The Oscars Fade to Bleak
Sunday, January 27, 2008
If a moviegoer manages to see all the Oscar-nominated films, a generous dose of antidepressants will be in order. This year's celebrated films make for compelling viewing, but an awful lot of characters die, toil in vain or lead otherwise pitiable lives.
Hollywood isn't helping us revel in the pleasure of life; it's commiserating with us over its misery. These are trying times and popular culture has become our primal therapy.
A short tour through this cinematic valley of sorrows includes Julian Schnabel's "The Diving Bell and the Butterfly," which got a nomination for direction. It is based on the true story of a roguish French magazine editor who had a massive stroke and was paralyzed from head to toe, except for one eye, which he used to blink out an autobiography with the help of a speech therapist. Schnabel manages to elicit a few earnest chuckles out of this sad tale and for that miraculous feat alone, perhaps he deserves an award.
Ruby Dee received a supporting actress nomination for "American Gangster." As the conflicted mother of the title character, she celebrates the gift of a house the size of Tara even though she knows that it was purchased with blood money. And Hal Holbrook is up for a supporting actor Oscar for "Into the Wild," about an idealistic young man who walks into the wilderness and to his death.
The joylessness continues with Paul Thomas Anderson's "There Will Be Blood," a Best Picture nominee. Greed, ambition, morality and religion engage in a sloppy wrestling match in which there are no victors. The result is powerful but deeply disturbing. Anderson uncovers a breathtaking lyricism in an oil well explosion and in the burbling black muck that rises from the ground. But the cacophonous music, by Jonny Greenwood of Radiohead, so vividly expresses anger, melancholy and discontent that it becomes a character in the film -- a terribly annoying and disagreeable character that you'd like to see silenced by any means necessary.
Even the fleeting sense of satisfaction in a covert job well done in "Charlie Wilson's War," about the Soviet invasion of Afghanistan, is undermined by the veteran CIA man (played by Philip Seymour Hoffman) who questions each small success with a quietly skeptical: We'll see. The Zen master is alluding to the rise of the Taliban, etc., etc.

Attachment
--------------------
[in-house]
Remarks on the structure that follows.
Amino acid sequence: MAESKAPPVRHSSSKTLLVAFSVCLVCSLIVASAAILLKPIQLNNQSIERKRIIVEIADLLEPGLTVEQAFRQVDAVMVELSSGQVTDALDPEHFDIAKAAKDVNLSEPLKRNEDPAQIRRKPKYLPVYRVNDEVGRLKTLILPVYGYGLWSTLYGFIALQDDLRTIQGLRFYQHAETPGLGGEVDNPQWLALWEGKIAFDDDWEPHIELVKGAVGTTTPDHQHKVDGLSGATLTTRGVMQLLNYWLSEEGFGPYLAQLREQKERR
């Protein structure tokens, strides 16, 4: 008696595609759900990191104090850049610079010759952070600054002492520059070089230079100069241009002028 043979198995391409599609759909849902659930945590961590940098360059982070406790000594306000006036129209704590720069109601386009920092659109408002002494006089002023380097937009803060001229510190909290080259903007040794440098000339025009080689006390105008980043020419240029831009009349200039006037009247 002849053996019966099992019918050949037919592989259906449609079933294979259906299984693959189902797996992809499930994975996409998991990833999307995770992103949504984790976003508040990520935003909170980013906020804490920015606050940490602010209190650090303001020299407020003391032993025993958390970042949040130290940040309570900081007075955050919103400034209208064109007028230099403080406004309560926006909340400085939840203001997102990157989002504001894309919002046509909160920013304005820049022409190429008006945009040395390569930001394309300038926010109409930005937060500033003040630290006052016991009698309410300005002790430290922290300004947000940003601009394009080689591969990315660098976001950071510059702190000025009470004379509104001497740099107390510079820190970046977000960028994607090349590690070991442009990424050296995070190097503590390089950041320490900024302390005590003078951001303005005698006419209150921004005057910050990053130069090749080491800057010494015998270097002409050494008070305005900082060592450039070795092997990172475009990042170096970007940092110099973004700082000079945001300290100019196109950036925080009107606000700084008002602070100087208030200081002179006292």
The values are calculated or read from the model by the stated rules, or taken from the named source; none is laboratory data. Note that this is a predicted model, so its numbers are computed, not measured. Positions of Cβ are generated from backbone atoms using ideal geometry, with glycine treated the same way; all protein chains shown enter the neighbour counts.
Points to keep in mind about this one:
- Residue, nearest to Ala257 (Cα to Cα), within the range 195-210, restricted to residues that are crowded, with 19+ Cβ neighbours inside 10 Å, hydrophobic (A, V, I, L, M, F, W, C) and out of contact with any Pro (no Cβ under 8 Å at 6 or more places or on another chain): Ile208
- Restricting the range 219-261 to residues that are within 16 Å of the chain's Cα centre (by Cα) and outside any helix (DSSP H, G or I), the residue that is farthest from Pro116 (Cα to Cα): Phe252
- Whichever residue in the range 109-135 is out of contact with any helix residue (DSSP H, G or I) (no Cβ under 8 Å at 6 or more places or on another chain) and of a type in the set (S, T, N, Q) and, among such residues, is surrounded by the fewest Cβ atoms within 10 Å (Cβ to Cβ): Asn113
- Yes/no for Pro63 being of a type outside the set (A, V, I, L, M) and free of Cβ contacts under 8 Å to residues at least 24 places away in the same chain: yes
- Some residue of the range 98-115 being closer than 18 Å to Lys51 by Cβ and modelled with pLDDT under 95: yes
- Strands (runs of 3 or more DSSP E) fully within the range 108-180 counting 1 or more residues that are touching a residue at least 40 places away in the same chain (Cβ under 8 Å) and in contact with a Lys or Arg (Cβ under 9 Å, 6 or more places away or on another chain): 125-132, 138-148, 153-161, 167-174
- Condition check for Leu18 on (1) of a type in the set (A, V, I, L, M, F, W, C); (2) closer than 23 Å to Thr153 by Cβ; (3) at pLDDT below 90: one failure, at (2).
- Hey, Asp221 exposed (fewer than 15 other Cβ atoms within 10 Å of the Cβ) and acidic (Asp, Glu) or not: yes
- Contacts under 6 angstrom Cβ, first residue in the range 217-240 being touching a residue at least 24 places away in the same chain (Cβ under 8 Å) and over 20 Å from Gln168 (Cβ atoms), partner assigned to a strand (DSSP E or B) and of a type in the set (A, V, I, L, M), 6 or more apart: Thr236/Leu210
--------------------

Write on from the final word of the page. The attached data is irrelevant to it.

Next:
Couldn't someone from "Hairspray" have been nominated, just to ease the pain of so much angst?
The Oscars rarely celebrate frothy comedies or escapist fun. Both "Star Wars" and "E.T.: The Extra-Terrestrial" failed to win Best Picture awards despite their box office success, critical acclaim and influence on moviemaking. Oscar voters tend to like triumphant underdogs and dramas that end on a note of hope. But the times give us the movies we need. And it may be that what we need now is catharsis. These films are a collective yowl. They speak to the notion that in times of sadness the last thing one wants is a jester trying to extract a laugh. Sometimes, the best salve is a good cry.
Like a lot of creative fields, it's hard to say precisely what inspires the confluence of similar sensibilities in moviemaking. What causes fashion designers from Paris to New York to one season create clothes in riotous floral prints? Why did furniture designers gravitate to shabby chic or mid-century modern? Why so many neo-soul singers? Nothing inspires imitation more than success, but the creative process remains mostly mysterious. Sometimes, the only explanation is simply that something is in the air.
These movies reflect the tenor of the times: the frustration with the war in Iraq, the downward-spiraling economy, the cries for change in Washington -- even our once deliciously naughty popular culture is imploding. We can no longer guiltlessly delight in the mischief of celebrities; their lives have gotten too bad. People have moved beyond schadenfreude over Britney Spears's tumultuous life to the bracing realization that something is dreadfully wrong. Compassion has taken hold. The sudden death of actor Heath Ledger is pure tragedy. The sordid tabloid headlines speculating on the cause offer no prurient titillation.
These films speak to fears of being stalked or trapped, of being judged greedy or immoral. Idealism and optimism are represented but they are doomed. The movies seem better suited for a graduate seminar than an awards show. Who wants to walk a red carpet and be asked "Who made your dress?" in between questions like "Is 'There Will Be Blood' an indictment of organized religion?" or "Covert wars: good or bad?"
As the writers' strike drags on, there may not be a splashy Oscar show. That would be disappointing for the nominees, for fashion designers and for armchair fashion and film critics. But in this moment of sweeping dissatisfaction with practically everything, a scuttled Oscar telecast would be sadly unsurprising. It would simply give everyone one more thing to howl about.